I am interested in a few different applications of barley malt some of which classically would use diastatic malt and some use non diastatic malt. I’d rather just purchase one malt for everything. Assuming I can find a diastatic malt powder without any added flours is there any reason I wouldn’t/couldn’t use it in a traditionally non diastatic scenario (such as a malted milkshake)? Many sites claim that diastatic is used for yeast growth, not for flavor but if it’s not diluted with added flours to the powder I don’t see why it couldn’t be.

2 Answers 2


diastatic malt powder is milled malt that hasn't been heated to deactivate the enzymes. To deactivate it to use as non-diastatic malt, heat to 130F/55C


the question isnt 'how do i convert diastatic malt to non-diastatic malt?'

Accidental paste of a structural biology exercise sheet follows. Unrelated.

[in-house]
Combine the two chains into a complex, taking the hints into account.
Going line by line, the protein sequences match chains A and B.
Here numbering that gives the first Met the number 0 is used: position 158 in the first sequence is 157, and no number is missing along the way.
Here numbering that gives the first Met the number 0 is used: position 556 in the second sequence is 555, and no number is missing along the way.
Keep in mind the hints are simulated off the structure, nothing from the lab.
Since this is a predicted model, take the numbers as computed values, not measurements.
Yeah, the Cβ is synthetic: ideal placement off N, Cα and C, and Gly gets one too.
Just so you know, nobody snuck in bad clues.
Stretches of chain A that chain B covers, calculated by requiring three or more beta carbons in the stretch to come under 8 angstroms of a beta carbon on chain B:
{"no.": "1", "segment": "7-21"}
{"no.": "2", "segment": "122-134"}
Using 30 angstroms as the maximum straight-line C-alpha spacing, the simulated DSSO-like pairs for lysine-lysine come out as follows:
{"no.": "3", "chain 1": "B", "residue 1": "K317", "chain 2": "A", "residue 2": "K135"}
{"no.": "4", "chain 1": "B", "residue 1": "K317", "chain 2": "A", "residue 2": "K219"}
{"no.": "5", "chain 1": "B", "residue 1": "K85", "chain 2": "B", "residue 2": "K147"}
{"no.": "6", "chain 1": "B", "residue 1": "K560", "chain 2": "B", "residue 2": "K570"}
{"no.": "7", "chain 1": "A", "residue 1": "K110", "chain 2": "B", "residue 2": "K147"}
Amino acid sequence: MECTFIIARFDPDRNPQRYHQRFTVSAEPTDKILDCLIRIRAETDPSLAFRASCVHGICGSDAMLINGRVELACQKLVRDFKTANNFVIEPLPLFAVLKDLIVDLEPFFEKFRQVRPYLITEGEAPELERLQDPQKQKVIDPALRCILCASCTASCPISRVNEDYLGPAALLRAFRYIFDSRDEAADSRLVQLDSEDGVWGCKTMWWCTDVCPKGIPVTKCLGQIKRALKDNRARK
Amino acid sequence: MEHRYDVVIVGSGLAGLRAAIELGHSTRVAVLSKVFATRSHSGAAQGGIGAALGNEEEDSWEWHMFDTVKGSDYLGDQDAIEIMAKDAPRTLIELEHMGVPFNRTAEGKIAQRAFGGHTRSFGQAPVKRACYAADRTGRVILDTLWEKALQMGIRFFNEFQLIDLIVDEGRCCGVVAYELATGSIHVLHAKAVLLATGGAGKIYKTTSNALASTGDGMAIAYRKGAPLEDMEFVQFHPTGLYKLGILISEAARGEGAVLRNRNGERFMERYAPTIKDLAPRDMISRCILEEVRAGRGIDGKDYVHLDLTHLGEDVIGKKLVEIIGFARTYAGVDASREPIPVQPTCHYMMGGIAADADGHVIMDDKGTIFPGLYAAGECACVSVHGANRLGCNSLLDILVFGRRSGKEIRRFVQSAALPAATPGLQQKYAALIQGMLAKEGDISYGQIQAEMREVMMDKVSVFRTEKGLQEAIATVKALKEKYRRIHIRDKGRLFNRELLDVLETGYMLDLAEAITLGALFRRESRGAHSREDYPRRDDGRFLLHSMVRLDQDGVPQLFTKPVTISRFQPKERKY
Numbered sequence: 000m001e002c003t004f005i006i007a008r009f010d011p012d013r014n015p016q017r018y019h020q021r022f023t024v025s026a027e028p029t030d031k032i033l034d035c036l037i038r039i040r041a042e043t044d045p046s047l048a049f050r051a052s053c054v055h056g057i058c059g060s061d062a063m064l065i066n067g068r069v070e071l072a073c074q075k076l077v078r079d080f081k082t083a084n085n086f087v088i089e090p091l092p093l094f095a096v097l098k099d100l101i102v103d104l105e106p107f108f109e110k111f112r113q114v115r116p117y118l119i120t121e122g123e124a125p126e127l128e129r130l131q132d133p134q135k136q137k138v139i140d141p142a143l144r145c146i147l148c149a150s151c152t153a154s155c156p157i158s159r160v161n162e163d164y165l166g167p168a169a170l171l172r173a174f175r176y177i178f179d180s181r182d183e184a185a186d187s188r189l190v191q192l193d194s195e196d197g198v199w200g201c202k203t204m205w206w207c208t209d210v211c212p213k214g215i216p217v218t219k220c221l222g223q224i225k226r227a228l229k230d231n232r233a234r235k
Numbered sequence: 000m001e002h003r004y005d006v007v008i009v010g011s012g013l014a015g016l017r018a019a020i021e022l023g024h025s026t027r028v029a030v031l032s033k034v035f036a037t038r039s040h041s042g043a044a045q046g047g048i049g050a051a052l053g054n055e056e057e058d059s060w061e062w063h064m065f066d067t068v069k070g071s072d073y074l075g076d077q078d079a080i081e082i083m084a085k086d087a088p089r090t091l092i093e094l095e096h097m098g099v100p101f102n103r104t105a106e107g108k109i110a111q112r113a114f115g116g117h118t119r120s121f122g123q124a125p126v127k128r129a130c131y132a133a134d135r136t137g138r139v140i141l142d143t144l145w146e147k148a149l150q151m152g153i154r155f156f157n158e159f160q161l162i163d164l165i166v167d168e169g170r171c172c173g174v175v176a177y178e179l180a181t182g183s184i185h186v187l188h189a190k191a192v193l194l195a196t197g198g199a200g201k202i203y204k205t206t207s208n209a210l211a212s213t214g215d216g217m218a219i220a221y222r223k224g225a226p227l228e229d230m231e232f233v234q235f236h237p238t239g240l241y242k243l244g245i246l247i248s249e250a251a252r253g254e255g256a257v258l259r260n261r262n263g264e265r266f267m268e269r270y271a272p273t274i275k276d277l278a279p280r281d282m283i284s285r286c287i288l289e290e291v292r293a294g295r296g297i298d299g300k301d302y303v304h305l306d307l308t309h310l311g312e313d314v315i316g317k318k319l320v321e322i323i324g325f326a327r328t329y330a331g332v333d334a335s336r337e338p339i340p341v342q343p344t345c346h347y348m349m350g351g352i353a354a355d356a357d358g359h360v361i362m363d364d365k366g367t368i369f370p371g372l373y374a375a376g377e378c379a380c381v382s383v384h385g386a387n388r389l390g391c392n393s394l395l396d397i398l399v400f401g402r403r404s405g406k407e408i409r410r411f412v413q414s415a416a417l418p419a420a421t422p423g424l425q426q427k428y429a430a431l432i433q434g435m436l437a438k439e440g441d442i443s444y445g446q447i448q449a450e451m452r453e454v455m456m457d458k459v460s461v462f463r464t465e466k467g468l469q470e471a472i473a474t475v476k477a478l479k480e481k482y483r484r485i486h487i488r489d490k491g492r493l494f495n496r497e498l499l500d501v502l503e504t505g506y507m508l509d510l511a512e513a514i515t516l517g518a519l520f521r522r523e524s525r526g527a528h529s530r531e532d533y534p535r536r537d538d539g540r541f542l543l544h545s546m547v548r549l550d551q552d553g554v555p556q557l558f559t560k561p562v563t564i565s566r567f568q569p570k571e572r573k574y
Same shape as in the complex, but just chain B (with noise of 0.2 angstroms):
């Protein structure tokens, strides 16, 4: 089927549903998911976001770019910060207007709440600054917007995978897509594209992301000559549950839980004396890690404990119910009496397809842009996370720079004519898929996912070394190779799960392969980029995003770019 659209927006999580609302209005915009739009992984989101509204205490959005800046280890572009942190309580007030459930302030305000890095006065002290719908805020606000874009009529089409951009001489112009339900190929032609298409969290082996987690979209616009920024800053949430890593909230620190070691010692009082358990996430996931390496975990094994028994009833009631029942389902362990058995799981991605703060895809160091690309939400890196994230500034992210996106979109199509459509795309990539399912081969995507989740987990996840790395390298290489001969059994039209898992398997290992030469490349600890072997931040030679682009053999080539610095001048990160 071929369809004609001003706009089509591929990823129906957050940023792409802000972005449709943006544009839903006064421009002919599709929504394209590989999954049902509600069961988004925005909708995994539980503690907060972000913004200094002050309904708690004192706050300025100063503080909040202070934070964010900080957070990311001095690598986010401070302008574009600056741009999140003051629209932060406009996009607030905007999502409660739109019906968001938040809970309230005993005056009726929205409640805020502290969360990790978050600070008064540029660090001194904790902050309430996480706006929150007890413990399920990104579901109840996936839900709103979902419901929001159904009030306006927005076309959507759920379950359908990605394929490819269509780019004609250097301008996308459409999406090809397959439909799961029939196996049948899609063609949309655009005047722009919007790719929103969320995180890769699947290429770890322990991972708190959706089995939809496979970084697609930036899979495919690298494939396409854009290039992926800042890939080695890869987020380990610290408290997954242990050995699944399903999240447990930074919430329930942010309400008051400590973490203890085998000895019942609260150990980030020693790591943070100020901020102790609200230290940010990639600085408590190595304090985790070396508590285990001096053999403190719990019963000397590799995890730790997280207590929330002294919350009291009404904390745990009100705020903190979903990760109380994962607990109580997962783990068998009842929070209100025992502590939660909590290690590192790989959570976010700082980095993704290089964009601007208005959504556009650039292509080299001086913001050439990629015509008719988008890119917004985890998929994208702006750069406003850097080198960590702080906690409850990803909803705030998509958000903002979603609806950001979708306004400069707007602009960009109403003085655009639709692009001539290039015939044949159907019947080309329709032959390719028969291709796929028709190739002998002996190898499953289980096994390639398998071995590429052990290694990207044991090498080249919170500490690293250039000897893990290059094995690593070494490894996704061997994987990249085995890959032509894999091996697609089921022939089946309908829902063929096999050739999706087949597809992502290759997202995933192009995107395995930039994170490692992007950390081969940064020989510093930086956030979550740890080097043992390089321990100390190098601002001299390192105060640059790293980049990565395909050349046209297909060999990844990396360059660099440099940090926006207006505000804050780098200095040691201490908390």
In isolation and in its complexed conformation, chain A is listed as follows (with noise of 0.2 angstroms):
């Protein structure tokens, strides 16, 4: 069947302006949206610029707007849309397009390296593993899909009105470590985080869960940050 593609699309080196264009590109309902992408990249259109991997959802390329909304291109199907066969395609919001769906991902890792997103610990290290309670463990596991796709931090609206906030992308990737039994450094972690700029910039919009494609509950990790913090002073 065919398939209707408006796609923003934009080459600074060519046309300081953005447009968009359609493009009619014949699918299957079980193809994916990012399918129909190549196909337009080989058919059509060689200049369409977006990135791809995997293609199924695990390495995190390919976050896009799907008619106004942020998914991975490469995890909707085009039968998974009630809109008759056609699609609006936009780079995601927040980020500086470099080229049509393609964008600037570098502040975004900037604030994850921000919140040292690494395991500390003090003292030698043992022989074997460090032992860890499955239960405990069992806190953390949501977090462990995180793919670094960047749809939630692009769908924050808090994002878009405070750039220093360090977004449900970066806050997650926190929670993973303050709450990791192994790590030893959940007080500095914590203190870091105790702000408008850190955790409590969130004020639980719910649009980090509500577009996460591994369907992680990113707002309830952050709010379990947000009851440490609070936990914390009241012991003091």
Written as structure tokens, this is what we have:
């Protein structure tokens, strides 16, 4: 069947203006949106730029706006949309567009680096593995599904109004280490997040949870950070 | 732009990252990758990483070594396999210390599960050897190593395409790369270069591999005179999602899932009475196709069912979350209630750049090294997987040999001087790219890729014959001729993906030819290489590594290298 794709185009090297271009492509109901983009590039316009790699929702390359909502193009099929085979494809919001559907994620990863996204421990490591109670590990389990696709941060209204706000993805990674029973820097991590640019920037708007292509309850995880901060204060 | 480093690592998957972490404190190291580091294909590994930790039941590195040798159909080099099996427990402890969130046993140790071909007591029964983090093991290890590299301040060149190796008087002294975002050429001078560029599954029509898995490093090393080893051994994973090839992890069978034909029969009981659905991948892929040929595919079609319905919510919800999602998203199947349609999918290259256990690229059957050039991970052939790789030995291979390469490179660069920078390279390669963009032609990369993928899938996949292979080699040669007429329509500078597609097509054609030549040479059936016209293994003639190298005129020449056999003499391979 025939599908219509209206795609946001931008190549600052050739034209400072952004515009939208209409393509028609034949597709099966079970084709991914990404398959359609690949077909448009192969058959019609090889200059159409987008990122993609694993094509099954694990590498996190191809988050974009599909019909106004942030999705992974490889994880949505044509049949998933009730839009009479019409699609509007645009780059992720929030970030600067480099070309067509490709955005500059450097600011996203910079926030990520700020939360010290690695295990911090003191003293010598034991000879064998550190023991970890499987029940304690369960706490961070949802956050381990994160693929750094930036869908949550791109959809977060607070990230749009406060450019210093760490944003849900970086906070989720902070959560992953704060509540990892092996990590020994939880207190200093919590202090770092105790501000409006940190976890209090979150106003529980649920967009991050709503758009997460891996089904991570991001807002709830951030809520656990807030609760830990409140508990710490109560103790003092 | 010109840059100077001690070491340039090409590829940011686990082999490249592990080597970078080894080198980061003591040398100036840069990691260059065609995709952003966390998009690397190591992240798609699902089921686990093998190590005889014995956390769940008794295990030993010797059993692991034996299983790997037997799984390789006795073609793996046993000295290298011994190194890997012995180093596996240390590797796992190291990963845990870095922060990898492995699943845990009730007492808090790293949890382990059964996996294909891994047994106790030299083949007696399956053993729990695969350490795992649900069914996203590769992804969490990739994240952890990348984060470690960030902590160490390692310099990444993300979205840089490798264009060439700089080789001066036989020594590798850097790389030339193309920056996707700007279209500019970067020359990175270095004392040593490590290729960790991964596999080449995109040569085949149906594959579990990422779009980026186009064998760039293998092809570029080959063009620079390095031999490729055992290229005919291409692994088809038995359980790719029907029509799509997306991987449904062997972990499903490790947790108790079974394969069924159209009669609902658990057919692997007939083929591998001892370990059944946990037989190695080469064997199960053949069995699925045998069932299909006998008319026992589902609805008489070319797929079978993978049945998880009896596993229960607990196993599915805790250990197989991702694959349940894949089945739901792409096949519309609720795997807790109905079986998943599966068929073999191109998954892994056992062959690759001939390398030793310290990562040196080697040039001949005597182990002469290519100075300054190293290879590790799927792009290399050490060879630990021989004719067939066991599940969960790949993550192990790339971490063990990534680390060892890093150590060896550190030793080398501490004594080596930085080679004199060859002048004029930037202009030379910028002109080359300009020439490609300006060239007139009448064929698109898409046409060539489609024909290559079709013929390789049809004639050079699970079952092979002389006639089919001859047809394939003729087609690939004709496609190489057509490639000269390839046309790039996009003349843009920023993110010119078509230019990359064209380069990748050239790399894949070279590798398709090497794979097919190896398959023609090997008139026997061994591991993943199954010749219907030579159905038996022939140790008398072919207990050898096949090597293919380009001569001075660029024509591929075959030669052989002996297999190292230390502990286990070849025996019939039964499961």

the question is whether it's ok to use diastatic malt powder in lieu of non-diastatic malt powder, for example, in a milkshake

diastatic malt powder contains a family of polysaccharide-degrading enzymes, including amylase. these enzymes break down starches and some disaccharides such as sucrose and maltose, into simple sugars digestible by yeast. your body produces amylase in saliva. the amylase acts quickly in the mouth and esophagus and is then destroyed by stomach acid

in non-diastatic malt these enzymes have been destroyed by treatment with heat

i do not know whether it's ok to ingest large amounts of uncooked, non-diastatic malt, or large amounts of the enzymes it contains, but i don't find published evidence that it's harmful

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